Perhaps this reprisal suggests the whole film is a flashback, but that interpretation does not explain the film’s episodic quality or its departures from realism. There is another possibility: the film is constructed like a folk song. The opening and closing scenes are like the first and last lines of “Hang Me Oh Hang Me,” the reprisal taking on added meaning because of the intervening choruses. Just so, the violent scenes that begin and end Llewyn Davis are like bookends for the misery in between. They convey the futility of the artist’s struggle on one level and the Coens’ penchant for irony on another. Cinematographer Bruno Delbonnel offers a similar reading of the film. Llewyn Davis is his first film with the Coens, and his efforts earned him an Oscar nomination. His wintry noirish filmscape mirrors the melancholy quality of the music. Delbonnel thinks you need to see all the Coen brothers films twice to begin to understand the many levels at which they work. He came to the conclusion that the words of Llewyn’s folk songs, like arias in an opera, were telling the story.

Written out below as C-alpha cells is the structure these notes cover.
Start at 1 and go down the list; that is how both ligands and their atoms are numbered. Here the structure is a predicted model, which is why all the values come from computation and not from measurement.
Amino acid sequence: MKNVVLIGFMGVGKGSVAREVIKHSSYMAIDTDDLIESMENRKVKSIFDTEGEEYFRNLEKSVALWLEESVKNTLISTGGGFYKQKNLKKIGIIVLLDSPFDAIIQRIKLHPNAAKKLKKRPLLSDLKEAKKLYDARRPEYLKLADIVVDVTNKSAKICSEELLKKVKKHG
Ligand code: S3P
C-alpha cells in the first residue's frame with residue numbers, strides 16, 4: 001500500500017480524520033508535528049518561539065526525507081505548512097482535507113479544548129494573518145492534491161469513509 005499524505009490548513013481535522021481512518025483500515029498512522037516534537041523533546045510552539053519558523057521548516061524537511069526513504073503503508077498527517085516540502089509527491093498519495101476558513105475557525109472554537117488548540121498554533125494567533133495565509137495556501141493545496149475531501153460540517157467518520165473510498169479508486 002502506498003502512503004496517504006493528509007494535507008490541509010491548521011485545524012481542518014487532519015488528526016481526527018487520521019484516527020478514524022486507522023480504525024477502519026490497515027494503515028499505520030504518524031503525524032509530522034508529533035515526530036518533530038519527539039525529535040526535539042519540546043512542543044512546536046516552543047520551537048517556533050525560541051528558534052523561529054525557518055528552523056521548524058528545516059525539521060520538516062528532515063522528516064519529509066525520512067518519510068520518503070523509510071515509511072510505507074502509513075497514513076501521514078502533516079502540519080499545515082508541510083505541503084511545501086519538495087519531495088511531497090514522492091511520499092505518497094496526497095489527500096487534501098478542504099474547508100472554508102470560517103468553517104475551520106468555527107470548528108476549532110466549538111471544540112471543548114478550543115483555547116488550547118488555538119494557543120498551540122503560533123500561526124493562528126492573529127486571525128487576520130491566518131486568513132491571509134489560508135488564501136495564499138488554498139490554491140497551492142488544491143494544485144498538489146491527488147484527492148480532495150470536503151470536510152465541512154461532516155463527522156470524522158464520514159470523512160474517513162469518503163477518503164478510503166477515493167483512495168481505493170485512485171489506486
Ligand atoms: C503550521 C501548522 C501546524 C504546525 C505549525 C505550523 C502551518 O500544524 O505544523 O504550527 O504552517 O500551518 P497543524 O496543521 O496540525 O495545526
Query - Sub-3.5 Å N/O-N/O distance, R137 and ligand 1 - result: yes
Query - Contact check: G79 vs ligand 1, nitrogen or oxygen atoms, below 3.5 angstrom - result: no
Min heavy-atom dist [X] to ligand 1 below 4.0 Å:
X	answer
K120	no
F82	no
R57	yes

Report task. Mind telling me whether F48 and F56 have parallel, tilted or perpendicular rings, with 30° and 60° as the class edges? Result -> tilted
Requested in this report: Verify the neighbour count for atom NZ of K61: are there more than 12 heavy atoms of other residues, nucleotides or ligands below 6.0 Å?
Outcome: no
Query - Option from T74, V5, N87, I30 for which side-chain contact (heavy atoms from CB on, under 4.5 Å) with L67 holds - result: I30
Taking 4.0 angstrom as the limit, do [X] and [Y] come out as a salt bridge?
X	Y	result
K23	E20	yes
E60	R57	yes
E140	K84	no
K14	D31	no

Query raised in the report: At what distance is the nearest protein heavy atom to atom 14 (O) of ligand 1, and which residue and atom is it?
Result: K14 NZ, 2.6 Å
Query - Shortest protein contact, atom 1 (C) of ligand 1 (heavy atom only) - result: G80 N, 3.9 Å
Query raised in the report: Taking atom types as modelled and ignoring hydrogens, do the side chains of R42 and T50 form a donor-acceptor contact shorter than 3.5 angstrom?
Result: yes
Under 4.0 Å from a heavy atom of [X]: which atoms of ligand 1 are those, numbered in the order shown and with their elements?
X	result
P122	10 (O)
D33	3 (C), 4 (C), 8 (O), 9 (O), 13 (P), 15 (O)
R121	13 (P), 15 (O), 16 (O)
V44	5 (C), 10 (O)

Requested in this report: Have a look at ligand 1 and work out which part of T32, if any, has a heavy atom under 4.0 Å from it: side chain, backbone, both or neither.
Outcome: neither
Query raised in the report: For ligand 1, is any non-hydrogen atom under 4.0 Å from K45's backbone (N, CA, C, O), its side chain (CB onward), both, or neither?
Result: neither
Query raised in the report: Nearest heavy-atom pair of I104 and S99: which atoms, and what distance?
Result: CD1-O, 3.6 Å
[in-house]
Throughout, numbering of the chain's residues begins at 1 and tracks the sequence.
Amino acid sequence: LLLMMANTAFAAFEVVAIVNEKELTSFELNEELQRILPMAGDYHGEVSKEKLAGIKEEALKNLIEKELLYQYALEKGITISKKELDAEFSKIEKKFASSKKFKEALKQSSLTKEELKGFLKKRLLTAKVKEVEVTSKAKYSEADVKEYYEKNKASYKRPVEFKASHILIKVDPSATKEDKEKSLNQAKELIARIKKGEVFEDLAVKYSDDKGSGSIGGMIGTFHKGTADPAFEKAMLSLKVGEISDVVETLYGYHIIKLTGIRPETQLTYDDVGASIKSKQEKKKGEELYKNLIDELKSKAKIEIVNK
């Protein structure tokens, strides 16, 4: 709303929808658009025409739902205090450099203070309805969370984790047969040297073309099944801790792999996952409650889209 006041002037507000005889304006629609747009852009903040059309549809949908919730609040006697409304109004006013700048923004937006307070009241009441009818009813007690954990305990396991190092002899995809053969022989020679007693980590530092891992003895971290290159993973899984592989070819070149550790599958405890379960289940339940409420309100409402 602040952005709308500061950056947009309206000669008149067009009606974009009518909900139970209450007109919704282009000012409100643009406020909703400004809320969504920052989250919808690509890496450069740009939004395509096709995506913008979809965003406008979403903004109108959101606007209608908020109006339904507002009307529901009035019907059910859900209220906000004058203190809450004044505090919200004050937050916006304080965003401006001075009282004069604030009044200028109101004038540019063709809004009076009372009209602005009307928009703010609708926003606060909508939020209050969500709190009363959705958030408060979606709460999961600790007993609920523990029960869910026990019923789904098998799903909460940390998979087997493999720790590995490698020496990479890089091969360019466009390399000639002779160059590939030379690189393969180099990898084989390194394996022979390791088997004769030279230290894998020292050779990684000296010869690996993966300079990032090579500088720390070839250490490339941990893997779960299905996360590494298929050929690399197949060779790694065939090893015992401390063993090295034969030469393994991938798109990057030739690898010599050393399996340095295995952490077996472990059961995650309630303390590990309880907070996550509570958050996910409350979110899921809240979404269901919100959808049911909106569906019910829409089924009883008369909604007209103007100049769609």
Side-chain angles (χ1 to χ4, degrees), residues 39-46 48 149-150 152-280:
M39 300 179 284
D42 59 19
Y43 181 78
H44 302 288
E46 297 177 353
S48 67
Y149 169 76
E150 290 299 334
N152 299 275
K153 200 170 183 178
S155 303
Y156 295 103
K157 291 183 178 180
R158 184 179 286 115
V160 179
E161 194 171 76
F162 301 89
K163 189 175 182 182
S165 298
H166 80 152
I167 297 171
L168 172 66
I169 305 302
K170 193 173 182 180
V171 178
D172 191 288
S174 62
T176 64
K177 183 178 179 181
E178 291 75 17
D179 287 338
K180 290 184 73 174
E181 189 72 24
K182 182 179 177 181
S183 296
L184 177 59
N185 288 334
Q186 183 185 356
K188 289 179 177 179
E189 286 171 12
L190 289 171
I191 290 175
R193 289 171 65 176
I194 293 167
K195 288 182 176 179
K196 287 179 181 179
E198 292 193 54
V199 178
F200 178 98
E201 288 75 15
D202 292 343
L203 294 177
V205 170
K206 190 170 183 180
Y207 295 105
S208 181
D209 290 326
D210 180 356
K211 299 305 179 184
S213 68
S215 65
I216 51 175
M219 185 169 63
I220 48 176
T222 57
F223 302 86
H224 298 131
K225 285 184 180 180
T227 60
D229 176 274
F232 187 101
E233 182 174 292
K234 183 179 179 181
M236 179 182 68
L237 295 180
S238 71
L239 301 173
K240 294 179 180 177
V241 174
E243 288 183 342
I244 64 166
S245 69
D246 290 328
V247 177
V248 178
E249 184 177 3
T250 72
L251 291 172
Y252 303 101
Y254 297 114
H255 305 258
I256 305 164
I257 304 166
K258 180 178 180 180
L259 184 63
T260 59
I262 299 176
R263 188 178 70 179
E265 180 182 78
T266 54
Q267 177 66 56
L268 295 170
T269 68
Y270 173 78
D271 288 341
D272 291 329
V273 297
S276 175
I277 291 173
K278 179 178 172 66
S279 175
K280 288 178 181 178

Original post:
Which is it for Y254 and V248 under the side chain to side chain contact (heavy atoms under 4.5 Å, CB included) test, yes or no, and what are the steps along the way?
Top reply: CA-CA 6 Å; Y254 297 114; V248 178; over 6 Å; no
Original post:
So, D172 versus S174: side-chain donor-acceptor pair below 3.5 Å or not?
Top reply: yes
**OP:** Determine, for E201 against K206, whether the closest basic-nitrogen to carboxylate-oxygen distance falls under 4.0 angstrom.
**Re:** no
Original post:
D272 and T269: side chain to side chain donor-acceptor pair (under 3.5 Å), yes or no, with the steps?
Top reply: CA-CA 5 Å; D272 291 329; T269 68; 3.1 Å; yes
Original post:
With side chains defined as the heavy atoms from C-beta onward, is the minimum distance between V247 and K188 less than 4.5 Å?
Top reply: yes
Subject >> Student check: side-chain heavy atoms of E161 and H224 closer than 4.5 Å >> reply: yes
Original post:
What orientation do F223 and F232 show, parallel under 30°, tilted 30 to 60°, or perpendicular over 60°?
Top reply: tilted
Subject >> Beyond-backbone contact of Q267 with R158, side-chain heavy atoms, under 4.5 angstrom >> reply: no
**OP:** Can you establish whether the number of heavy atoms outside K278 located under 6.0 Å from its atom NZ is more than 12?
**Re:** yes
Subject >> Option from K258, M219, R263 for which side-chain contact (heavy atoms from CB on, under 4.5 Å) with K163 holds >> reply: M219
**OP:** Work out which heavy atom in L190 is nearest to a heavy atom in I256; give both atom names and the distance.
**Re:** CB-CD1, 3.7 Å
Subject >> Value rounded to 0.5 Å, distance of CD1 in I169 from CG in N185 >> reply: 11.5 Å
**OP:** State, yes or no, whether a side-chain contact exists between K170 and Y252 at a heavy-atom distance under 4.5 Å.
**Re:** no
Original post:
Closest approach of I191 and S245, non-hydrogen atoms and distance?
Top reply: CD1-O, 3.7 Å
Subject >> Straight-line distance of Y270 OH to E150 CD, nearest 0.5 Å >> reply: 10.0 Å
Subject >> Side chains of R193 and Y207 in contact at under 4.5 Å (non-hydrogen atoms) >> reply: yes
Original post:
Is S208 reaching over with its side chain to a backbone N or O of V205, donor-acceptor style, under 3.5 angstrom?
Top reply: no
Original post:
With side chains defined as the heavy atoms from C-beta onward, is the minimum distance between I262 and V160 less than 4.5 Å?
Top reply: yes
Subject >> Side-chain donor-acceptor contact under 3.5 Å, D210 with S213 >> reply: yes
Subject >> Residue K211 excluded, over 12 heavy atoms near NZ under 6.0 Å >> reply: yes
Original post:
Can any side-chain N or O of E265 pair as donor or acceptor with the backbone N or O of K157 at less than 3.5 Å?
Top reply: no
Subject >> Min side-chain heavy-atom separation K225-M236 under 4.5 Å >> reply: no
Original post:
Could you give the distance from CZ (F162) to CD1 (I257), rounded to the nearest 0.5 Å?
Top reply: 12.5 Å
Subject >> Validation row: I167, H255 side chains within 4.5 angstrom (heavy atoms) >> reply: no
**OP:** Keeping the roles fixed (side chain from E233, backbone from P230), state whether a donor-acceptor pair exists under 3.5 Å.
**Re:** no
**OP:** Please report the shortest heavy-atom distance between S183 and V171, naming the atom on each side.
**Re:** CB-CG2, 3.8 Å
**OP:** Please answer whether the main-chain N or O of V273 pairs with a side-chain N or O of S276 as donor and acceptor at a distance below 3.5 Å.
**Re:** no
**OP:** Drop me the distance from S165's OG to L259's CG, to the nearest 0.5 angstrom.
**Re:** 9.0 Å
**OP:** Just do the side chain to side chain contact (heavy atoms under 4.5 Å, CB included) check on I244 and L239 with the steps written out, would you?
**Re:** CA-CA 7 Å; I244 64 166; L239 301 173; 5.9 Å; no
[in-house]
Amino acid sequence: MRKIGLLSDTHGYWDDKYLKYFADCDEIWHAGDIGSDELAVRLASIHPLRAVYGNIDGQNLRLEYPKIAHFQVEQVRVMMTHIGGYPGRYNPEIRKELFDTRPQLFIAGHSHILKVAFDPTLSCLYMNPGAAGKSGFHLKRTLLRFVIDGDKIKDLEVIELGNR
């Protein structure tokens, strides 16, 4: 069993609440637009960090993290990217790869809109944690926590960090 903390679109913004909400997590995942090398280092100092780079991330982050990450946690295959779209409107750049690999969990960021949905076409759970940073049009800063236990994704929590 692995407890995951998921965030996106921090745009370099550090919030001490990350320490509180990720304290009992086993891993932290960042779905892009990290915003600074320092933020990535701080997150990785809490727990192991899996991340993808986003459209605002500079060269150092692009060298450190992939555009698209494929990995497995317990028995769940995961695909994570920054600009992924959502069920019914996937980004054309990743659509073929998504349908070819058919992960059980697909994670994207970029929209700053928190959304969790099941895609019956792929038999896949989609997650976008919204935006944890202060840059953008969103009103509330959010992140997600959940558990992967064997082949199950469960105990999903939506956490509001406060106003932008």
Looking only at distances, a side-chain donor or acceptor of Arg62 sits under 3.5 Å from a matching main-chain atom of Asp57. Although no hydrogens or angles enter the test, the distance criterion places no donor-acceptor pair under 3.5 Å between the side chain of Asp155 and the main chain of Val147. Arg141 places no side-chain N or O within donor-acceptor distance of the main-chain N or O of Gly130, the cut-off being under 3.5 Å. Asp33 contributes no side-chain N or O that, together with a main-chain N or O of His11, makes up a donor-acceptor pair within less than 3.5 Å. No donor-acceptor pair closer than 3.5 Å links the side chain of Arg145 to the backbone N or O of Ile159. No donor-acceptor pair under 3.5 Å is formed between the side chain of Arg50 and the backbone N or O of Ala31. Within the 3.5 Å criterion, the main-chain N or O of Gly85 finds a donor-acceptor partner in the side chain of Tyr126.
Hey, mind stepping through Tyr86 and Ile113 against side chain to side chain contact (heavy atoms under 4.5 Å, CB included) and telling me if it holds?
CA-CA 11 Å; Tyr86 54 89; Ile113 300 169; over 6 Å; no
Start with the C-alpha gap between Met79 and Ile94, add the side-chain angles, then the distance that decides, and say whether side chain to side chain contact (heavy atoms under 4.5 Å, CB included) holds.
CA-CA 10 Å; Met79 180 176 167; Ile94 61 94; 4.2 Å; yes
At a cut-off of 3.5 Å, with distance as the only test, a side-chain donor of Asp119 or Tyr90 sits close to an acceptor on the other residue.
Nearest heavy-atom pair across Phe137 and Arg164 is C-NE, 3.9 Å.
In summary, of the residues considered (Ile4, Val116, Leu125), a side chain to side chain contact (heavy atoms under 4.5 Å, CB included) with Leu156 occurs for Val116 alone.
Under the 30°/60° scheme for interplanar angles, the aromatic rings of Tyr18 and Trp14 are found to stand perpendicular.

Delbonnel may be right, given the changes the Coen brothers made from their original source. They relied on The Mayor of MacDougal Street—the memoir of an early folk figure, Dave Van Ronk—for which they purchased movie rights. But folk historians, and the Coens, agree that Llewyn Davis is not Dave Van Ronk, in either appearance or personality. Llewyn is a self-centered loser with a beard. Van Ronk, a huge Swede from Brooklyn, was a dominating presence, a winner who befriended struggling folk singers. They slept on his couch. He was the father figure of a group of folk singers he called the neoethnics. They might have been more appropriately called the pseudoethnics. Many of them came from middle-class Jewish families, changed their names, and sang like hillbillies from Appalachia. They worked for tips in the coffeehouses of Greenwich Village and thought of themselves as serious artists. The apotheosis of this pseudoethnicity was Robert Allen Zimmerman, the young man who made himself into Bob Dylan. Unlike Llewyn, Dylan discovered that folk songs could be “new” and would achieve a creative authenticity.